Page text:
Now that the Food and Drug Administration has authorized emergency use of the first Covid-19 vaccine in the United States, health care workers will be among the first to get the vaccine.
Dr. Cassandra Pierre, an infectious disease physician at Boston Medical Center who serves as the acting hospital epidemiologist, joined WBUR’s Sharon Brody on Dec. 12 to discuss how the hospital plans to distribute the vaccine, and how health care workers are feeling about receiving it.
On vaccine availability for BMC workers who care directly for coronavirus-positive patients:
“We do not anticipate that [frontline-facing health care workers will be unable to get the vaccine]. What we’re actually anticipating is that not everyone will be able to get their dose — their vaccine — within the first week or two weeks. It might be a month. It might be two months to get everyone actively vaccinated. It really depends on how much we get up front. But we do anticipate that we will be able to sufficiently cover everyone who is frontline-facing, who is caring for patients — especially those who are caring for Covid-positive patients. I should say, we really want to get everyone who is caring for patients, period, covered in the next few months.
“... But more than that, this is really about health care personnel, not just people who are providers or nurses. This is also very much about our support staff, certified nursing assistants, medical assistance, but also our environmental service workers, our food service workers. All of us have some risk of ... getting Covid.
On concerns about side effects and whether they might temporarily incapacitate health care workers:
“This is actually one of our biggest concerns. We know that — having looked at the data — the vaccine is safe. But up to maybe, even up to 50 percent of people combined in the Moderna and the Pfizer trials, have experienced these side effects, which are common among people who get vaccines in general.
“Of course, we’re concerned about the severe allergy that has been reported in the UK. But other than that, we’re not as concerned... The concern, obviously, is the overlap in between the symptoms, the adverse events that you could be seeing as a normal course of having received a vaccine, and symptoms for Covid. So that’s the fever, the body aches, the fatigue. So we have set up a system where ... we’re... educating our staff, that if you develop a fever, if you develop maybe severe symptoms, we do want you to take some time off and we want you to get tested for Covid. So clearly that could quickly destabilize the workforce.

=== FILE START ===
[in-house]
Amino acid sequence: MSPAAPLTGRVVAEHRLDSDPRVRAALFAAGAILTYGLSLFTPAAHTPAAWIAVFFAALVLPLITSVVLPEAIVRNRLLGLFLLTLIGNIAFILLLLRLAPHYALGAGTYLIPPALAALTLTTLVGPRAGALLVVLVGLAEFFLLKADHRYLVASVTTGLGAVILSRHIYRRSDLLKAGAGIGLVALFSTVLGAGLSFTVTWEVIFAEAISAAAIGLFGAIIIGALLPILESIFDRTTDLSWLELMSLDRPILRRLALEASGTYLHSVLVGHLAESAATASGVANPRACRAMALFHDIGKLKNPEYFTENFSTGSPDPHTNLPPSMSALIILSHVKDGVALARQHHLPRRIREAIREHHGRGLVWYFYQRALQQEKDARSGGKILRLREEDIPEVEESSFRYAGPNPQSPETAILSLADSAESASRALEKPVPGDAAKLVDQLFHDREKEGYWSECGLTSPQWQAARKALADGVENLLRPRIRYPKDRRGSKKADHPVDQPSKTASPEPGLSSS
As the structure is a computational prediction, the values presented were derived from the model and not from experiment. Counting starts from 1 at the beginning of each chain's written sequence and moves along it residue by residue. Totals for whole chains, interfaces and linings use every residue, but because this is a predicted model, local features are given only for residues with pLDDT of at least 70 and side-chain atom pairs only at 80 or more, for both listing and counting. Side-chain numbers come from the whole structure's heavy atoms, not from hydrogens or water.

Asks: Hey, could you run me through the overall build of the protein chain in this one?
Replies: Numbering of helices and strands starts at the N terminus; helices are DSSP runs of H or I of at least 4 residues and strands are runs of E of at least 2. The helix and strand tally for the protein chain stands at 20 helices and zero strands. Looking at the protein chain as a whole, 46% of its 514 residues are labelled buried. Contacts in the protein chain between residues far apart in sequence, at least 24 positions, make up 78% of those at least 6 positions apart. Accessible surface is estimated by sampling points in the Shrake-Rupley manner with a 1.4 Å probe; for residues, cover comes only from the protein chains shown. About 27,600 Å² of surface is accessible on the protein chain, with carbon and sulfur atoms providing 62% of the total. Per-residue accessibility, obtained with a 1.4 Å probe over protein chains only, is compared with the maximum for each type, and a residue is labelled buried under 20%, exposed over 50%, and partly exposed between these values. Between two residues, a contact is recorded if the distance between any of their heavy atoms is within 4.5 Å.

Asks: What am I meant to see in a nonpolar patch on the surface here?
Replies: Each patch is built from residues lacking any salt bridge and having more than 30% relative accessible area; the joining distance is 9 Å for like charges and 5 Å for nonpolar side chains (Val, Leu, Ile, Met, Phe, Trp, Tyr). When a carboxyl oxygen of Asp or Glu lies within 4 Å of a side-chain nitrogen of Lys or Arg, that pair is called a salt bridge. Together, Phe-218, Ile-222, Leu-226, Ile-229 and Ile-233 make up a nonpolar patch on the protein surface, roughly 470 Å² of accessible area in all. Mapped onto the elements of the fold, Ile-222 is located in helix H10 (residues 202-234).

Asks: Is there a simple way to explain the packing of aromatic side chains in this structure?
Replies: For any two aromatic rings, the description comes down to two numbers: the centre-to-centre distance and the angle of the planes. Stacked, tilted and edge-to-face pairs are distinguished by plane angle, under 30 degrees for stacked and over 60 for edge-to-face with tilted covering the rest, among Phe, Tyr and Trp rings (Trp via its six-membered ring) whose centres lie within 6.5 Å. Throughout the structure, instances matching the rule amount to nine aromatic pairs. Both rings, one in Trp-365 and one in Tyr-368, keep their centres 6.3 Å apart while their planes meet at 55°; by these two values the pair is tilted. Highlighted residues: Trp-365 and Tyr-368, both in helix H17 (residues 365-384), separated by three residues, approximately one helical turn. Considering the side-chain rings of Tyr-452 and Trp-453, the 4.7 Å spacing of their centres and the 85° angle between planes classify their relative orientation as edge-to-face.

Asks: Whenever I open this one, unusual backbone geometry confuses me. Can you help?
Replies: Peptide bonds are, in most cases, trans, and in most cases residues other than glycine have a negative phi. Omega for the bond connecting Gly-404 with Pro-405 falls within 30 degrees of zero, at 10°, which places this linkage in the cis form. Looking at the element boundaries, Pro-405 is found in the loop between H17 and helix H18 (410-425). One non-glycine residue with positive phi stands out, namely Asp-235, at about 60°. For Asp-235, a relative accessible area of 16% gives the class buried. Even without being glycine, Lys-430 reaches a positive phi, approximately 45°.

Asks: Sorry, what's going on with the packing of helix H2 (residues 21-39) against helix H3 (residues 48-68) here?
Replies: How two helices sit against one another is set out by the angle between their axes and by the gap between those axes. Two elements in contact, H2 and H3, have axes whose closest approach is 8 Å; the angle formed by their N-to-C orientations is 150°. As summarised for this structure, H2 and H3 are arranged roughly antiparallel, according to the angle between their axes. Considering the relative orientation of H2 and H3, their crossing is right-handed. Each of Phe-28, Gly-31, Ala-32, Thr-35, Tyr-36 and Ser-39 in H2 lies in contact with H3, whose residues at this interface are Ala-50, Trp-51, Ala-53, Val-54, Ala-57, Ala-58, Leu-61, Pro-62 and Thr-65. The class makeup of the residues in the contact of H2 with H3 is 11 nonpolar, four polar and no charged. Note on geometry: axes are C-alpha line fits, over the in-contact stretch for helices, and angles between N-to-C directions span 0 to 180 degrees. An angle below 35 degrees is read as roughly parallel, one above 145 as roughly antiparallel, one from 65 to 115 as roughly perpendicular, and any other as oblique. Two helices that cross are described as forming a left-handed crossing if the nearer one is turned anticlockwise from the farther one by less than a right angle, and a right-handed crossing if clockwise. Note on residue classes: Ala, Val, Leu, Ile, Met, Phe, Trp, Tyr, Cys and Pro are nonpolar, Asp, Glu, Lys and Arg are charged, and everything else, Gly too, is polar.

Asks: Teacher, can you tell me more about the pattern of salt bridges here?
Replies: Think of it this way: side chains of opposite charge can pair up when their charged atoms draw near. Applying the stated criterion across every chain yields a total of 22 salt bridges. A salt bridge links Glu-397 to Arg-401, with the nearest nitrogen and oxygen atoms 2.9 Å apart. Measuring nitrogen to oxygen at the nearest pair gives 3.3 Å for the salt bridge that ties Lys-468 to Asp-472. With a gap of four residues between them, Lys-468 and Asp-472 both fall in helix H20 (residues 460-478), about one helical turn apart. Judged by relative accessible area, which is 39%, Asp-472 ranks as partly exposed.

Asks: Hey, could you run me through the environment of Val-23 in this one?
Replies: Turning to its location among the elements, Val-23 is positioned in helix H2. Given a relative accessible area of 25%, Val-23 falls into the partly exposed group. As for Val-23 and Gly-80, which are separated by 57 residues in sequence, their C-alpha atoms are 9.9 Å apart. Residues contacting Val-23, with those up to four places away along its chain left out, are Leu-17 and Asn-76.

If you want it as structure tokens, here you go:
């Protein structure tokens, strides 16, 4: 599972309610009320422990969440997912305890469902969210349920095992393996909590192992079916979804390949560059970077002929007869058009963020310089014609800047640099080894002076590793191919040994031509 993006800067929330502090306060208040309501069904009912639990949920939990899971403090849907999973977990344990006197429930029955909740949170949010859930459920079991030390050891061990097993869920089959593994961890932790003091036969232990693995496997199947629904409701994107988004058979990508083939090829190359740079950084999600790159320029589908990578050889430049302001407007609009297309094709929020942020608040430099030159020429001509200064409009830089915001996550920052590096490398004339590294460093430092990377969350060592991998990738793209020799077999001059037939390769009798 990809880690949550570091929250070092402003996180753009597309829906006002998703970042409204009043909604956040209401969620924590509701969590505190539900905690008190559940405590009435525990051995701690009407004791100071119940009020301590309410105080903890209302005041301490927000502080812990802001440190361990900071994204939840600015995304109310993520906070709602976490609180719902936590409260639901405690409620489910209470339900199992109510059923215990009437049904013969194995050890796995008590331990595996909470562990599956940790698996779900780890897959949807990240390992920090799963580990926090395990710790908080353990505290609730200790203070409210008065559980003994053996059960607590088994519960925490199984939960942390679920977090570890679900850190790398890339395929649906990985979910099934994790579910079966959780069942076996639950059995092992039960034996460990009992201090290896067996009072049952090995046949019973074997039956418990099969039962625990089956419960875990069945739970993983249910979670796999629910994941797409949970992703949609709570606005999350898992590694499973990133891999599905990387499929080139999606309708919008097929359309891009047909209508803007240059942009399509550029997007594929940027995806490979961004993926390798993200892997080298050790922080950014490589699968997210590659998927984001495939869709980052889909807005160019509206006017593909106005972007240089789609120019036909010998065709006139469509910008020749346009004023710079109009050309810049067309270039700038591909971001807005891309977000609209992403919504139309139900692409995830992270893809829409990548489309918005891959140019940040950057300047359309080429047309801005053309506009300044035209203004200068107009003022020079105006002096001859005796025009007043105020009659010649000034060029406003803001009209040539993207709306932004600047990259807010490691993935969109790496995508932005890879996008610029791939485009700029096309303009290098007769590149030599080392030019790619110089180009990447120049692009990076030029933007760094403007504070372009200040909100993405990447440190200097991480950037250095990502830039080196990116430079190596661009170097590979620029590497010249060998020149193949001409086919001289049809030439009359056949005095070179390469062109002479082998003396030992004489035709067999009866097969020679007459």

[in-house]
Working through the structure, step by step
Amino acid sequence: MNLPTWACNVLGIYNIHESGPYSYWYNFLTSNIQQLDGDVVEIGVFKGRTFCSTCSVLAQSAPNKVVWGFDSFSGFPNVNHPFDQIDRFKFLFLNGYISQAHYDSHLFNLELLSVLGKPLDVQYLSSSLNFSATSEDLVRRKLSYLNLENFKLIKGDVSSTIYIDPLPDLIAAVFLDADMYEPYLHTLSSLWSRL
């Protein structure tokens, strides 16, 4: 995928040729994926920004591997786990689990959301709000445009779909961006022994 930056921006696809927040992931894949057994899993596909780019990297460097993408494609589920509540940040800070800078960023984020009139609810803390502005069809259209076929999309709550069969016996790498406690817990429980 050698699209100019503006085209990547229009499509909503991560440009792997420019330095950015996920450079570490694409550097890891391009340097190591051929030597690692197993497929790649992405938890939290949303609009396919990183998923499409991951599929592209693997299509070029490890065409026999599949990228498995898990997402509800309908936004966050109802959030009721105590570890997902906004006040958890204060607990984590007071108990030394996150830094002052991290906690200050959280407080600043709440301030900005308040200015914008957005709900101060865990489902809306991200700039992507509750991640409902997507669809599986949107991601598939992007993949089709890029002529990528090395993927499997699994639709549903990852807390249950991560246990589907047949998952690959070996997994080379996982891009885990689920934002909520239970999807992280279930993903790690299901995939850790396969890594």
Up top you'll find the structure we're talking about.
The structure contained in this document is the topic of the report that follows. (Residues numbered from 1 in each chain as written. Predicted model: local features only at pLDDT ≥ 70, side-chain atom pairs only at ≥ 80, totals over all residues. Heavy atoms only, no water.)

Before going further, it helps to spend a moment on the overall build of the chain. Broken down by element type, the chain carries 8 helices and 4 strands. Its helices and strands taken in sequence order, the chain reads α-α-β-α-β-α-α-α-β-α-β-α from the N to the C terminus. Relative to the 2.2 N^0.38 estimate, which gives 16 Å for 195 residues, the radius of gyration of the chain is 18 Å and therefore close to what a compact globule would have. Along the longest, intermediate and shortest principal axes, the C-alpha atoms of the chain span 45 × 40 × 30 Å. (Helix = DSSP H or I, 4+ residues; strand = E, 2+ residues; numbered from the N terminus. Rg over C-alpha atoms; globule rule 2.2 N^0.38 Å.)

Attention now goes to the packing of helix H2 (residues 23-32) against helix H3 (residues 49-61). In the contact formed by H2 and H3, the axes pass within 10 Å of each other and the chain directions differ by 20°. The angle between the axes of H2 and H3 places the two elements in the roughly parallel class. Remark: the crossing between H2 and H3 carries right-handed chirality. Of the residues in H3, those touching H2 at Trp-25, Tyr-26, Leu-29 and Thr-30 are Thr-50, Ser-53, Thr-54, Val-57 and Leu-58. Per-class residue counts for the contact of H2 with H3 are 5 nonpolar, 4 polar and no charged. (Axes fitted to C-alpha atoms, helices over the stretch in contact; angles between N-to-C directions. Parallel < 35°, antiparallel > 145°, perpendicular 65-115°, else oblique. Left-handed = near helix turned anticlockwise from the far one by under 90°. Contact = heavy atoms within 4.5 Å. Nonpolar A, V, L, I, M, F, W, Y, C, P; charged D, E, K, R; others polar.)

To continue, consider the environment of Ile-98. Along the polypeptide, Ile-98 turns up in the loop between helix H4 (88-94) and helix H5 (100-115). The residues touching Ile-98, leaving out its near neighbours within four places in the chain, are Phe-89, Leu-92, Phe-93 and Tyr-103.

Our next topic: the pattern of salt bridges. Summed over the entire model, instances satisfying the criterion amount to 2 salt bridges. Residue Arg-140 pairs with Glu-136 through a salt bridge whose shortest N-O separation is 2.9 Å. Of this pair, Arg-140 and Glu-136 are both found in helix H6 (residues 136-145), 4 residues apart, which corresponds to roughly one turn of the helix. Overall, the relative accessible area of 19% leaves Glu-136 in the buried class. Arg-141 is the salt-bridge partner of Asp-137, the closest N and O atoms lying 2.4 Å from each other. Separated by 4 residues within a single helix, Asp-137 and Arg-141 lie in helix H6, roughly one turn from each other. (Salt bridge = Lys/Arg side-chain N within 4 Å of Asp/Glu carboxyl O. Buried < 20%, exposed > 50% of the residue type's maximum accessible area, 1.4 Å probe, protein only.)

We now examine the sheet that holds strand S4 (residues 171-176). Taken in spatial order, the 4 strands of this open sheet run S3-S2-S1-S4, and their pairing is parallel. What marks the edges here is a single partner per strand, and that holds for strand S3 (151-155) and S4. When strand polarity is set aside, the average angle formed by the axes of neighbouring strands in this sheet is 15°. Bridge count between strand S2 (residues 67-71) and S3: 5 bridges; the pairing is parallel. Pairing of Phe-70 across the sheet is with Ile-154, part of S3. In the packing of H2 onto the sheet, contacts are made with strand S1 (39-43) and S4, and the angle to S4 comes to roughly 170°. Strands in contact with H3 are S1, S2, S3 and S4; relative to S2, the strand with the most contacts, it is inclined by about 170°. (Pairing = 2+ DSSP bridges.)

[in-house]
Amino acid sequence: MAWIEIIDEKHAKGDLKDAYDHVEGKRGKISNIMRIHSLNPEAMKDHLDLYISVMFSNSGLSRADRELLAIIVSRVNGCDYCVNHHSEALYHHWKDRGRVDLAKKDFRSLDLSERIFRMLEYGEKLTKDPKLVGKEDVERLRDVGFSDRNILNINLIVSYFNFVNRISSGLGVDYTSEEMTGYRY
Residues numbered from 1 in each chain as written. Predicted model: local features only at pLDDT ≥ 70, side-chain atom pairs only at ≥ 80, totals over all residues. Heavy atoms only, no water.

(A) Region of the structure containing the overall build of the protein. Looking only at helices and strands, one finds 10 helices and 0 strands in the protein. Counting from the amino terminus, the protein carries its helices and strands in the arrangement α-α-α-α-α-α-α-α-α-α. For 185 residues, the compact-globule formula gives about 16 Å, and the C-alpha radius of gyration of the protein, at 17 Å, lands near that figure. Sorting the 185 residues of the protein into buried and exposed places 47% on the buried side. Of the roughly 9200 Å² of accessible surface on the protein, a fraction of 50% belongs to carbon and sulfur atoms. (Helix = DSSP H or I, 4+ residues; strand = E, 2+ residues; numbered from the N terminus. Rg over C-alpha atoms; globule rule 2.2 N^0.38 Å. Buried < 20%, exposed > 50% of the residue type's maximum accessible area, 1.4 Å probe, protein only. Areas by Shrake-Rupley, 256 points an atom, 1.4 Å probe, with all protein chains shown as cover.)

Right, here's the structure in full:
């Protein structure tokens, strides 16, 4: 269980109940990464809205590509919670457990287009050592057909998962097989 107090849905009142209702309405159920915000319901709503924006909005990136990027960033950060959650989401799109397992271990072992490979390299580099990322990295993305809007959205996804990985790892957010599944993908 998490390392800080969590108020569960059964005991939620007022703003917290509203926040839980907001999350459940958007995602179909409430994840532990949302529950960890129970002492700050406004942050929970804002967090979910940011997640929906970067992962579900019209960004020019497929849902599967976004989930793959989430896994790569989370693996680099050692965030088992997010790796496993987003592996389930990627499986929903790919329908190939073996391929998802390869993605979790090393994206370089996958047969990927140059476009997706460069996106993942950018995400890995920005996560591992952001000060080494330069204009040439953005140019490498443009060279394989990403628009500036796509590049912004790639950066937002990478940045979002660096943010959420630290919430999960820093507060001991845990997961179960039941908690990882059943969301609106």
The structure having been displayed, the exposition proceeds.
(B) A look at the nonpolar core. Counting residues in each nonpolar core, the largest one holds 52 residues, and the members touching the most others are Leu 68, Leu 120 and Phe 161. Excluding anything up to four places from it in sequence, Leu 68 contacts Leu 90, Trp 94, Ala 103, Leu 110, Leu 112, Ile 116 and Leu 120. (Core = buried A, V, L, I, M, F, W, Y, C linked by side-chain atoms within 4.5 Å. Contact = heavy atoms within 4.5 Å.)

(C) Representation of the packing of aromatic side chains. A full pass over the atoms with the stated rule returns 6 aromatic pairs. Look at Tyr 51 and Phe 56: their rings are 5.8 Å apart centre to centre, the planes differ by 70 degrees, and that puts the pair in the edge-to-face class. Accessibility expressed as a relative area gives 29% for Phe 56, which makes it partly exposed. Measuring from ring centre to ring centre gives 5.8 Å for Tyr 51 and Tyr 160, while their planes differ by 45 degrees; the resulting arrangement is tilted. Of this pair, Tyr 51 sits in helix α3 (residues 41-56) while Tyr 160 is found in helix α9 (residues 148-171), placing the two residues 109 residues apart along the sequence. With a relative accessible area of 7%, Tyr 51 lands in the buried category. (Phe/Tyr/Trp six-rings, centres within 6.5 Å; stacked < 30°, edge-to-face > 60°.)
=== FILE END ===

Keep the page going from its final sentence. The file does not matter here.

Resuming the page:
“In order to avoid that, hopefully, we are planning on staggering the doses. So not everyone in the same work group gets vaccinated at that certain time: that would be a recipe for disaster. [We’re] trying to get people to get vaccinated right before they go off service or before the weekends so that people have time to recover and get over those side effects before they have to come back to work.
On hospital workers expressing anxiety about the vaccine:
“You know, I think that the decision to vaccinate health care workers first is really essential for three reasons. I mean, obviously, we want to make sure that we maintain our health care worker force, that we preserve their safety and their health, that they don’t become infected with Covid during this critical period when we need them to take care of our patients. We also want to make sure that our patients are aware this is a safe place to come. The majority of health care workers have been vaccinated. You are safe to come into the space. But the third important reason, that kind of gets to what you’re talking about, is we want our health care workers to serve as both indirect and direct spokespeople for the safety and efficacy of this vaccine, to show Americans, ‘Yes, we believe in this so much that we ourselves are getting vaccinated to show you that it is safe and we believe in this.’ And part of that is making sure that we can promote vaccine confidence among our own health care workers.
“And just as a sidebar, we know that many of the people in the hospital, like myself, are Black or belong to Black and brown communities, belong to communities that have been marginalized. And so we reflect our patient population.
We want to make sure that we also can speak to the lived experience of [being] a part of a group that has been experimented on, who has been marginalized, that has been disenfranchised for medical care, but [who want] to ... ensure our safety — our own individual safety and the safety of our communities — and speak with knowledge, and speak with confidence to the fact that this is something that is going to safeguard our communities this year and for years to come.”
On the most fair and helpful way to distribute the vaccine:
“Yeah, I think this is something we’ve been struggling with. I think one of the things that we have been hoping to use to our advantage is this concept of a vulnerability index that the CDC has conceived and utilized to identify where the hot spots will be. So that social or community vulnerability index really refers to a set of factors that might leave a community vulnerable to Covid or really any other health disparities.
“What is the density of housing in one area? Are people living in multigenerational households? What are the percentage of people that work in the essential fields that mean that they cannot quarantine safely at home? What are the language barriers? What is the percentage of people who live below the poverty line?
“We know the factors that put people at risk, not just for Covid, but for other kinds of chronic diseases and health disparities. How can we use that index to more effectively target those areas or those individuals who are going to really benefit the most?
This story was published by WBUR 90.9FM on Dec. 12. The Reporter and WBUR share content through a media partnership.